Design by Rachel Hennon. Photo by Isabelle Selby.

I love how Fischer manipulates and envelops odd rhythmic groupings or complex meters within sensual textures on such tunes as “Gotham Underground,” “Moon Ship,” and “Cyberphunk.” On “Gothan Underground,” I applaud percussionist Shawn Banks. Check out how he fits in the cross hairs on woodblock/cabasa, enhancing a momentous pulse beneath a swaying chromatic horn melody. Alto saxophonist and Atlanta-based Brian Hogans takes an exhilarating solo, reminding me of Cannonball Adderley or Kenny Garrett, building with weaving, streamline harmonic language. This cut is perfect for those long, late MTA nights…

Fischer situated himself within his spaceship (piano, keyboards, latptop, AKAI trigger pad) to lead Soul Cycle at a CD release party at BAM Café this past Saturday, October 27, 2012. Soul Cycle: Fischer, keys; Jean Caze, trumpet/flugelhorn; David Linaburg, guitar; Solmon Dorsey, bass; Adam Jackson, drums; Shawn Banks, percussion.

The BAM Café is not your  typical East Village café; it’s a venue on the second floor of the glorious BAM complex in Downtown Brooklyn. The large arched corners give the illusion of a massive tunnel. The bandstand isn’t elevated but rather a wide area between opposing bathrooms, which wasn’t too awkward. The live mix was surprisingly balanced given the depth of the room and height of the ceiling. Kudos to the sound-man, and to DJ Idlemind for spinning consistently funky, frequently sampled breaks before the band began.

Photo: Alexander Ariff

The band opened their set like the record, with “Tanqueray & Tonic.” Fischer took the first solo on electric keys followed by Caze on trumpet. Next was “Moon Ship.” Fischer took an nice unaccompanied piano intro, quoting the main melody within jagged rubato rhythms. Drummer Gabiel Wallace wore headphones as to sync with a sample, triggered by Fischer. This is not easy for a live band to accomplish while remaining flexible enough to improvise. One way that the band manages to not fall off course is their use of doubling: Linaburg often doubles Dorsey’s bass line, and the guitarist often lays out during Fischer solos in lieu of comping too much. The guitarist took a really nice solo on West African, pentatonic based “Digital Savanna” where he used a staccato, muted picking technique as to emulate a kora. Other highlights included Caze’s solo on “Cyberphunk” atop pulsating reggaeton infused by Bank’s shekere.  Fischer invited guest vocalist Rachel Eckroth on stage for two numbers: “Aquarius” (from the musical Hair) which appears on Retro Future, and later in the set with a rendition of the often-sampled George Duke number “Someday.”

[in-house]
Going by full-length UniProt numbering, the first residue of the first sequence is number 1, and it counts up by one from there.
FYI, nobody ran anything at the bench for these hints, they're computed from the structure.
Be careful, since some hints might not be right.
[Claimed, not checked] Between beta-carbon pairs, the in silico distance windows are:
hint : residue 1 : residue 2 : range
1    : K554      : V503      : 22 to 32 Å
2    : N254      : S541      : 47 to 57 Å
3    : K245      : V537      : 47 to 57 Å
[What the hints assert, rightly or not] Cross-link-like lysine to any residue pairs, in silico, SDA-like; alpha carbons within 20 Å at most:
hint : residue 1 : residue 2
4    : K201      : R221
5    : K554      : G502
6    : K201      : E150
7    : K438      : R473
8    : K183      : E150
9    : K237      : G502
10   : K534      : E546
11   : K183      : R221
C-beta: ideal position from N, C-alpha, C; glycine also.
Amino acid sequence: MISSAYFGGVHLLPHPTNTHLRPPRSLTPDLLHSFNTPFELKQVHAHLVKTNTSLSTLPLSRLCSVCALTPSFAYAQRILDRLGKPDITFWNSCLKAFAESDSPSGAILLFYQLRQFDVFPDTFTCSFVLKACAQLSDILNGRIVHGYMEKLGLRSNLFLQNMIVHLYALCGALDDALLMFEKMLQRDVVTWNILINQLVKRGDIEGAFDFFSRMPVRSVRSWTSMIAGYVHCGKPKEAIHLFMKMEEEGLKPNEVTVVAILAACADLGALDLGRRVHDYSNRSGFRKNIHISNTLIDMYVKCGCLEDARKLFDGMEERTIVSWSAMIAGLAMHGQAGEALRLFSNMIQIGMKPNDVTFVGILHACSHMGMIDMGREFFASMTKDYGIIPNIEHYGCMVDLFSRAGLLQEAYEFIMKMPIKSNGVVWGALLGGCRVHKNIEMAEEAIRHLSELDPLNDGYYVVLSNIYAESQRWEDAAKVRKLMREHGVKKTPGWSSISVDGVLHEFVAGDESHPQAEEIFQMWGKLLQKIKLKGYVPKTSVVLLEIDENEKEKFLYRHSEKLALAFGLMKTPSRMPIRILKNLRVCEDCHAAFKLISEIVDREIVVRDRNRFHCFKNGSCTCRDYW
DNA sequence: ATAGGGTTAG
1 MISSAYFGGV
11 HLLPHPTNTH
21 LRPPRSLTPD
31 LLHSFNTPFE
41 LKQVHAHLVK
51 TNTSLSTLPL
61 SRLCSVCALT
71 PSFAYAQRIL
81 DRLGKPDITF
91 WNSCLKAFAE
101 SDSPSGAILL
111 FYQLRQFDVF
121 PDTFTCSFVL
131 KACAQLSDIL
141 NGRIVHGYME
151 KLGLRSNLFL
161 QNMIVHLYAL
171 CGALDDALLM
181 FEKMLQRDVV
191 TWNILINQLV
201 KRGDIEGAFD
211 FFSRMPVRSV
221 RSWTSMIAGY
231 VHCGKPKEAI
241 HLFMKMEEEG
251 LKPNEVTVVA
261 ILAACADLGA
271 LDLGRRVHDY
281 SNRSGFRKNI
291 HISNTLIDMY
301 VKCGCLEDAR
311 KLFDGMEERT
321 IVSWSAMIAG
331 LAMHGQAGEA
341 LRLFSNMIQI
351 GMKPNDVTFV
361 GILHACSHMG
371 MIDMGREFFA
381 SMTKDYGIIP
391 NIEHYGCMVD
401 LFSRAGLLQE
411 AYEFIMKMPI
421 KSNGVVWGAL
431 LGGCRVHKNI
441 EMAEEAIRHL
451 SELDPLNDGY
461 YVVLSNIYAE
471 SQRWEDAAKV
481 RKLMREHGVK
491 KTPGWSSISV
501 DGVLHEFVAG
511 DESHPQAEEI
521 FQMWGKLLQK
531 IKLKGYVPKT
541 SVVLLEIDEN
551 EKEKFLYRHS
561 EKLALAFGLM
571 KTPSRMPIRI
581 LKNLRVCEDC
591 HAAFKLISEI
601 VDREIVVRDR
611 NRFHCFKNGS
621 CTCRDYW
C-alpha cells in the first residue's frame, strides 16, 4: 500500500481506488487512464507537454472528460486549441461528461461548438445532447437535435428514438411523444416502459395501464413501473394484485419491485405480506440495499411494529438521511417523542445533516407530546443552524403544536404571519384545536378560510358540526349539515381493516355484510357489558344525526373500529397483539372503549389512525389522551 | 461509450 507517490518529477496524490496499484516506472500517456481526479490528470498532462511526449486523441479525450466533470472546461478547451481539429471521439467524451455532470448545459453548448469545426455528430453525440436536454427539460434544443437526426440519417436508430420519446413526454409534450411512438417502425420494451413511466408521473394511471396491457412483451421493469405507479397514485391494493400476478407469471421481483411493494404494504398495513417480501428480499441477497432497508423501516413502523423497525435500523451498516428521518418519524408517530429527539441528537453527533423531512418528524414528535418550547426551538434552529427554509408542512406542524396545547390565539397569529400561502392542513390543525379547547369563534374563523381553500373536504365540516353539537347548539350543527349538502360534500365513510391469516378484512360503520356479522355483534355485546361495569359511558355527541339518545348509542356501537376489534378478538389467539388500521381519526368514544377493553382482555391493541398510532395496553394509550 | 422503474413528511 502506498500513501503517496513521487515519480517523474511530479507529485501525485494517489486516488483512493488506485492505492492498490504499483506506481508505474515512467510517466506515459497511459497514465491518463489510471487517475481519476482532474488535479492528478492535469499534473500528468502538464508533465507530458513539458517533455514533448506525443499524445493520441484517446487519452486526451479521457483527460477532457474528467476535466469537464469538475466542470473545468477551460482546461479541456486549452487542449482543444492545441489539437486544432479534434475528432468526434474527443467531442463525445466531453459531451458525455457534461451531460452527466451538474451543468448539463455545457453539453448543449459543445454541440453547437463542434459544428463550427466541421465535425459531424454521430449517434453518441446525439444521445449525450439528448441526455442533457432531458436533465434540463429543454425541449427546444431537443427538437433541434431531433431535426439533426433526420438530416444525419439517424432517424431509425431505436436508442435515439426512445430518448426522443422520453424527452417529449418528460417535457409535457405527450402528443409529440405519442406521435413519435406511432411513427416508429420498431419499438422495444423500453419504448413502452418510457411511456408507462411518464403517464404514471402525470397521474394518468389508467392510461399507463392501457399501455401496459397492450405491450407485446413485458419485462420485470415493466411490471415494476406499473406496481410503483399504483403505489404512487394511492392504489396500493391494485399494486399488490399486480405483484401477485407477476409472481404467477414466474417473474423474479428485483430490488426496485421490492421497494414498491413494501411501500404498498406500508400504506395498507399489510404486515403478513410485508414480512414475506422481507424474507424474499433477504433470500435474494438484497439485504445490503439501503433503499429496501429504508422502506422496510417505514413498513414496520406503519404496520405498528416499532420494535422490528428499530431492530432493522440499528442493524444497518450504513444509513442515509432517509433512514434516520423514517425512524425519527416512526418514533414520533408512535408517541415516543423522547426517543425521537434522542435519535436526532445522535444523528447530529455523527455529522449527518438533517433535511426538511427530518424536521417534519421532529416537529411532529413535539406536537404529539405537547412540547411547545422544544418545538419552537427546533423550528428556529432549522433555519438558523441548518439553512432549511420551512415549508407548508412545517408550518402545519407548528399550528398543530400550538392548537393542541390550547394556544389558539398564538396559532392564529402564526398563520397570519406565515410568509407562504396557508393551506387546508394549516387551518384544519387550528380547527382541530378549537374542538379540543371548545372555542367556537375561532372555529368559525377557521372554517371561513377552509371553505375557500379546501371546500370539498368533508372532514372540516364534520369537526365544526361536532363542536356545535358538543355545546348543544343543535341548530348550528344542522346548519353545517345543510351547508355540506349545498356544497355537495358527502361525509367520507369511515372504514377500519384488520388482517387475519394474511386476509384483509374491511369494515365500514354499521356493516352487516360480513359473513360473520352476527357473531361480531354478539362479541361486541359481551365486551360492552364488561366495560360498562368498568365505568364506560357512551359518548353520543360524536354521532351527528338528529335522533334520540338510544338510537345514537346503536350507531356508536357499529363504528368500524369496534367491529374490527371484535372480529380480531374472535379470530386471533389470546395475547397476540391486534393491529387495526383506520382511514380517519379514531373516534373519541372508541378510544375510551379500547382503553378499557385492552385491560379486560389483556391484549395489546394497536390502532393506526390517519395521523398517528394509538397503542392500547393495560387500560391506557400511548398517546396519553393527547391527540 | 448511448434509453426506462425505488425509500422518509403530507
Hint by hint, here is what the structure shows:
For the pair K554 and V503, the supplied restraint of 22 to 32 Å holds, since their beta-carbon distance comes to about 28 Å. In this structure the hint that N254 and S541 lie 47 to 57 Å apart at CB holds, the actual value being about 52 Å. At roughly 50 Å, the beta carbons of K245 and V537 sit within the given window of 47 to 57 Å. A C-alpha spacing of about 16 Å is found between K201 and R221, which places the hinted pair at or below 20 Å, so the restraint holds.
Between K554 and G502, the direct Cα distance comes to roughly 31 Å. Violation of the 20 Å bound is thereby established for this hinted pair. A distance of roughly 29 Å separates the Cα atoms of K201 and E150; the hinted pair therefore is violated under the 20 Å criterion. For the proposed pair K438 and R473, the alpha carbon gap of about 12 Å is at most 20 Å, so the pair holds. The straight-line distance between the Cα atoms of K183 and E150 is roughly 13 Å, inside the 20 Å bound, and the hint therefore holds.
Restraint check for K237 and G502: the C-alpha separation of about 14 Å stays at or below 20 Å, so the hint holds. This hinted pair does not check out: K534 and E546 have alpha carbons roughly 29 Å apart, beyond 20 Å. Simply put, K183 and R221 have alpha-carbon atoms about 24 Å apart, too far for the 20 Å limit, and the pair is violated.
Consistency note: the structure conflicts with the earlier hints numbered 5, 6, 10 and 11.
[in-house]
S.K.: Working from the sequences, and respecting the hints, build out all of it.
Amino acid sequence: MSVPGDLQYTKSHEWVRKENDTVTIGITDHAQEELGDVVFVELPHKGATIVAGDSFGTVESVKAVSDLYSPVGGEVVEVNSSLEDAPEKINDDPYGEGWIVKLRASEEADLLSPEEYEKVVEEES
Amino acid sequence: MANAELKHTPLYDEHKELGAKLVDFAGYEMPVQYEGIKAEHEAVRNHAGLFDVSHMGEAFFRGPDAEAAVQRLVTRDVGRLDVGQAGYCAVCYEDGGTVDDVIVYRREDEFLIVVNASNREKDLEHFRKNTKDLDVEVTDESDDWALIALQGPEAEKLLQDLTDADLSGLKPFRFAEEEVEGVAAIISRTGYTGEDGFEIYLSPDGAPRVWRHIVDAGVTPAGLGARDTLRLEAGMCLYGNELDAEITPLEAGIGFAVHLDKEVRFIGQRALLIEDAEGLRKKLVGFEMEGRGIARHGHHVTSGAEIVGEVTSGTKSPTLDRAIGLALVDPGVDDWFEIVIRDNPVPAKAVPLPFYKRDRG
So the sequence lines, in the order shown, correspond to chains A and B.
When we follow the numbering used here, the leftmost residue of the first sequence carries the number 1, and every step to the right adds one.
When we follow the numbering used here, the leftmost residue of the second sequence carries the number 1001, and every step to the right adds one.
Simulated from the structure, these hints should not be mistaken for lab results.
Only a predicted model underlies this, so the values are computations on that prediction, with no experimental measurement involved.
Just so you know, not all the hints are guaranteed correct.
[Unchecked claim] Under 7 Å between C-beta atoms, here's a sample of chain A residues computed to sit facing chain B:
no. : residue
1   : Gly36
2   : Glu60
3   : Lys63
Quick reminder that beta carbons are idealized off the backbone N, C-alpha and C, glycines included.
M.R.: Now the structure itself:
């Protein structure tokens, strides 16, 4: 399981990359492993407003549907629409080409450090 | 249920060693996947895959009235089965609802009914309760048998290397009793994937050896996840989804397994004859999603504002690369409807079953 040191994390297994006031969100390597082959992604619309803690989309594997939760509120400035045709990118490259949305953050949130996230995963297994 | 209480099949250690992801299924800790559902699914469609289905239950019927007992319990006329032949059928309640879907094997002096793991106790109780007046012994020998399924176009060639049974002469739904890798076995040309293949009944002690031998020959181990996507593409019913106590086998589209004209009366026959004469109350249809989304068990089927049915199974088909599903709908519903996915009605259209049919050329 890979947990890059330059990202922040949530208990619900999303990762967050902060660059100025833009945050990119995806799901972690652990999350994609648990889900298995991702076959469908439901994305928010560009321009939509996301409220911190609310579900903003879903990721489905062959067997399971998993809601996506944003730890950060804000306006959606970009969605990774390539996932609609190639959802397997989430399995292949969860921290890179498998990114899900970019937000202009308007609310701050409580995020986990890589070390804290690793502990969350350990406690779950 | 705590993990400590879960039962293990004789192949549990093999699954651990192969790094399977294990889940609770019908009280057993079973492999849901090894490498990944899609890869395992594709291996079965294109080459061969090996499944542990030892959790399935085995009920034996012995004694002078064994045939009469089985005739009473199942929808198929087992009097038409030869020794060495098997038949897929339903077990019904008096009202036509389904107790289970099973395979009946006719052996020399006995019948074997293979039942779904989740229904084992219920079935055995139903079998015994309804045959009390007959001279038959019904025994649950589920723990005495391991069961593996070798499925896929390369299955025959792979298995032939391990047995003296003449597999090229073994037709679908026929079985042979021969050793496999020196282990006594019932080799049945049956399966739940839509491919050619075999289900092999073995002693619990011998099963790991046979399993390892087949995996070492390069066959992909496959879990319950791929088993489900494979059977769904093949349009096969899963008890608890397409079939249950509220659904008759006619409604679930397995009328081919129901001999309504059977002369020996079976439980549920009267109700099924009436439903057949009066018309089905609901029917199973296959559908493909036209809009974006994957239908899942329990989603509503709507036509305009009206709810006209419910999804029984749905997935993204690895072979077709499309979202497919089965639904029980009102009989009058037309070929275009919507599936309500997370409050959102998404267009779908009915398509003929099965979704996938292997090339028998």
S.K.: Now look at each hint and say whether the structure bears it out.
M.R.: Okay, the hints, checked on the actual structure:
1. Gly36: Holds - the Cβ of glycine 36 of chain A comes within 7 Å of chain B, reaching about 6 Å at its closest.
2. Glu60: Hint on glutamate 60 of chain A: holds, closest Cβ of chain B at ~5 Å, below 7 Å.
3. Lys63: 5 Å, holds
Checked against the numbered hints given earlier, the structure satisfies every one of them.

Fischer (born in 1980) is among a generation of musicians who grew up in the age of hip-hop. These players (Glasper, the Snarky Puppy crew, Hargrove, Esperanza, etc.) with their open-minded, sponge-like musical outlook, have already begun to influence an entire “jazz” generation. Future leaders of this music have spent time with the jazz tradition (in the ivory towers or/and on the bandstand) as much as soul, gospel, r&b, groove, etc. The term “Retro Future” says it all: soul is nothing new, it’s organic and flowing, timeless and universal. But what Fischer is getting at, is an increase in mankind’s rigid routines, and how this mindset parallels the continuing popularity of computer music. How can human musicians transfer this concept into sonic textures? Jazz musicians like of Herbie Hancock, George Duke, and Roy Ayers have always been tackling this question since its inception. Jesse Fischer & Soul Cycle come from the same soulful, forward-thinking trajectory…and in the format of the groove, under the multicolored lighting of venues like BAM Café, patrons will undoubtedly continue to nod, smile, bounce, and applaud.

Photo: Alexander Ariff

To learn more about Fischer, visit his DL Media Music bio, and note that he’ll be back in Brooklyn on December 12 at Littlefield. Here’s a newly released video of Soul Cycle live at Rockwood Music Hall on October 1, 2012.

Guitarky Puppy (8.14.12)

It’s taken me about two years to write about one of my favorite bands on the scene today, Snarky Puppy. With origins in the Dallas-Fort Worth (DFW) area and a current home base in Brooklyn, Snarky Puppy’s career has been nothing short of a well-oiled machine. From the Pup’s first studio album (The One Constant, 2006) to their latest, highly acclaimed release (Ground Up, 2012), their evolution has been a sonic journey for the listener as much as the musicians themselves. In short, the band’s members, and their music are all simultaneously getting better. You can catch Snarky Puppy in full force in Brooklyn on October 4, 2012.

Before the band embarked on their second massive tour of the year, I caught a triple-bill at Shapeshifter Lab in Brooklyn, featuring sets by the guitarists Bob Lanzetti, Mark Lettieri and Chris McQueen. Lanzetti and McQueen both attended University of North Texas in Denton for jazz studies—along with many other band mates—and Lettieri is based out of DFW. All three sets were drastically different; exposing each guitarist’s personality in a more bare bones, intimate musical setting. The mission of Guitarky Puppy remained in showcasing the compositions equally, if not more than, the musicians themselves.

(L to R) Lanzetti, Lettieri, McQueen (c) Alexander Ariff

Bob Lanzetti’s group featured Justin Stanton, keyboards; Michael League, bass; Robert Searight, drums. Lanzetti has a definitive tone on the guitar evoking textures similar to Andy Summers (The Police) and Jeff Beck. He holds it up close to his chest, articulately picking and graciously strumming with delicate, deliberate control. Lanzetti hopes to debut his solo project on record in 2013; you can also hear his work with Underground System Afrobeat and visit his artist page here. This tune reminds me of the Americana elements that seep through players like Bill Frisell; and like Frisell, when Laznetti chooses, he rips. Here is a video (excuse the iffy audio) courtesy of Martin Cohen of